What Went Wrong? Everything. Perhaps the granddaddy of cursed productions, "Apocalypse Now" went off the rails fast and its troubles are now legendary. A film ostensibly about madness, arguably the crew went down the same river into hell that the story did. “We were in the jungle, there were too many of us, we had access to too much money, too much equipment, and little by little we went insane," Coppola said. First he had to recast his lead Harvey Keitel after just a few weeks of filming with Martin Sheen, essentially forcing him to start over. Several mistakes were made along the way, including heavily rewriting Milius' script day-by-day during the production and keeping faith in the mercurial Marlon Brando, who was paid an exorbitant $3.5 million for a month's work (and showed up shockingly overweight). More troubles came when hard-partying Sheen suffered a heart attack, and inclement weather and difficulties with the Philippine government, who took back the attack helicopters they loaned, mid-shoot, to go and fight an actual war. All this exacerbated an already bad situation. What was intended to be a 14-week shoot, spiralled on for months and on May 21, 1977, the film wrapped principal photography, five days short of a year after they started. Coppola who had invested several millions of his own funds was on the precipice of complete financial ruin, and contemplating suicide.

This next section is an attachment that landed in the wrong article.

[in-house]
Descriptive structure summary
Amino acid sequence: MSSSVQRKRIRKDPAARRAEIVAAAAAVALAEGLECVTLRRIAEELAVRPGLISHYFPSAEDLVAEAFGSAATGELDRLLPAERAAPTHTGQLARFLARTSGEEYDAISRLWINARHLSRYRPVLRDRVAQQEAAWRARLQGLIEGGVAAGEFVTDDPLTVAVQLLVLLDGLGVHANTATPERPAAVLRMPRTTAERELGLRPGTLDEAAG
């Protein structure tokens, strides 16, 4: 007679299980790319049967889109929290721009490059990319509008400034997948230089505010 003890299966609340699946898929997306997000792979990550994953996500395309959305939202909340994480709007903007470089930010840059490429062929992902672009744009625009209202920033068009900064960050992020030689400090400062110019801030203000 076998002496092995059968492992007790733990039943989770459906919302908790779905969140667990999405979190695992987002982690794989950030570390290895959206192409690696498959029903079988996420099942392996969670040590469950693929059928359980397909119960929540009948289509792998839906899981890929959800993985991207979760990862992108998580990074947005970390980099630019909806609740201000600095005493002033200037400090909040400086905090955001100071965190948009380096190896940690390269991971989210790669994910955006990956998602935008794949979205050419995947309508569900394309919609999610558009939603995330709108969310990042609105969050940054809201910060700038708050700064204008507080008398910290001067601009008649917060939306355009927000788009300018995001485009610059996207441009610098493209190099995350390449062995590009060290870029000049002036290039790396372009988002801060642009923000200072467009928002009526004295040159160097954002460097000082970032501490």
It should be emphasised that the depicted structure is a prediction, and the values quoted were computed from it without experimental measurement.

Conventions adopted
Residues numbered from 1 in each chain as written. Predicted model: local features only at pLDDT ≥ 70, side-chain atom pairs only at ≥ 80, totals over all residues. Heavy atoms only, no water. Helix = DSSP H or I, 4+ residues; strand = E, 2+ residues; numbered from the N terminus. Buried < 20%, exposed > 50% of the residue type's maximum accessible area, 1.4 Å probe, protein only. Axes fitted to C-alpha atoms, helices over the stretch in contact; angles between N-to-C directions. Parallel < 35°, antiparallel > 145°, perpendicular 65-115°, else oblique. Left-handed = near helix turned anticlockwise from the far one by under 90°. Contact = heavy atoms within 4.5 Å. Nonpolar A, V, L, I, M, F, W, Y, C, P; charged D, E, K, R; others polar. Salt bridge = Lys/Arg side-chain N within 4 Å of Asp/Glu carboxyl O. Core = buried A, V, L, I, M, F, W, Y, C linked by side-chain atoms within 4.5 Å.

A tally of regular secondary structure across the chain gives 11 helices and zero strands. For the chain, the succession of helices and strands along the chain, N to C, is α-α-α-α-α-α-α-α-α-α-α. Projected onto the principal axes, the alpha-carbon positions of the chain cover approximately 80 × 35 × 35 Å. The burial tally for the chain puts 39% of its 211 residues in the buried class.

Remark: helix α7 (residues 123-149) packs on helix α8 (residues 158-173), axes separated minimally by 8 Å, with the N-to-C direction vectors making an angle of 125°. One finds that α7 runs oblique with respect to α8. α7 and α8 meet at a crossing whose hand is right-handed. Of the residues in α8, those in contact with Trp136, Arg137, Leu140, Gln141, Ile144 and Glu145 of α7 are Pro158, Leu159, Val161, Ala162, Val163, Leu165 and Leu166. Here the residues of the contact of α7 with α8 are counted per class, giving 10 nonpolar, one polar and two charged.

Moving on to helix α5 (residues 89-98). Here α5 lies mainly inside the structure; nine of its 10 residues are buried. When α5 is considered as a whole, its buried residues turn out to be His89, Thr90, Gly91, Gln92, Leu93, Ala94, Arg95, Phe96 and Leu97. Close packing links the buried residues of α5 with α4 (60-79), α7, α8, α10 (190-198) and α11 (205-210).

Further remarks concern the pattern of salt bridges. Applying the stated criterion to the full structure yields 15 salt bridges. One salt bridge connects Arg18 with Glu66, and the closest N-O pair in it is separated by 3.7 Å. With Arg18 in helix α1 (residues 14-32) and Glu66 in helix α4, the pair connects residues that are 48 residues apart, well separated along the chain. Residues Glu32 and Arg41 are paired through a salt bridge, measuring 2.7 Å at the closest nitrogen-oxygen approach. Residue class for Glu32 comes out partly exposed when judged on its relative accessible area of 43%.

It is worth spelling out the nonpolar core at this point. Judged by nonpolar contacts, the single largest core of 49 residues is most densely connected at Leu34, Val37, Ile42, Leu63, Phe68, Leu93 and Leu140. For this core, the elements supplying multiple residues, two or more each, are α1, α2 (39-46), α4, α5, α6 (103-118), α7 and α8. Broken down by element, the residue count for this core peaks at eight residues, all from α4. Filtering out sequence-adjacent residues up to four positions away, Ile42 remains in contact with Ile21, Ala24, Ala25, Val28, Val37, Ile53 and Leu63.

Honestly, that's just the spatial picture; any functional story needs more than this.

When The Press Got Hold Of It: Rumors of “Apocalypse Now” has spiraled into the press to the point that it was becoming a well-known public joke, with even cartoons in major U.S. papers mocking the film and asking, would it ever finish filming?
What Happened In The End? Despite the mountain of bad press and being the butt of all jokes, “Apocalypse Now” bounced off the ropes and rallied hard. A three-hour, work-in-progress screening at Cannes was the first salvo in helping salvage the film's reputation and this was cemented when "Apocalypse Now" won the coveted Palme d'Or prize. Coppola’s film earned itself 8 Oscar nominations including Best Picture, Best Director, Best Actor In A Supporting Role (Robert Duvall) and Best Adapted Screenplay although it would only go on to win Best Cinematography (Vittorio Storaro) and Best Sound (Walter Murch). But history has more than validated the picture; while “Kramer Vs. Kramer” is a fine picture and took most of the major awards that year, “Apocalypse Now” is regarded as a defining masterpiece of the golden ‘70s of filmmaking, seen as an all-time classic of cinema up there with “Jaws,” “2001” and the likes. If you want whole down and dirty story, Eleanor Coppola’s “Hearts of Darkness: A Filmmaker's Apocalypse” is a must watch documentary.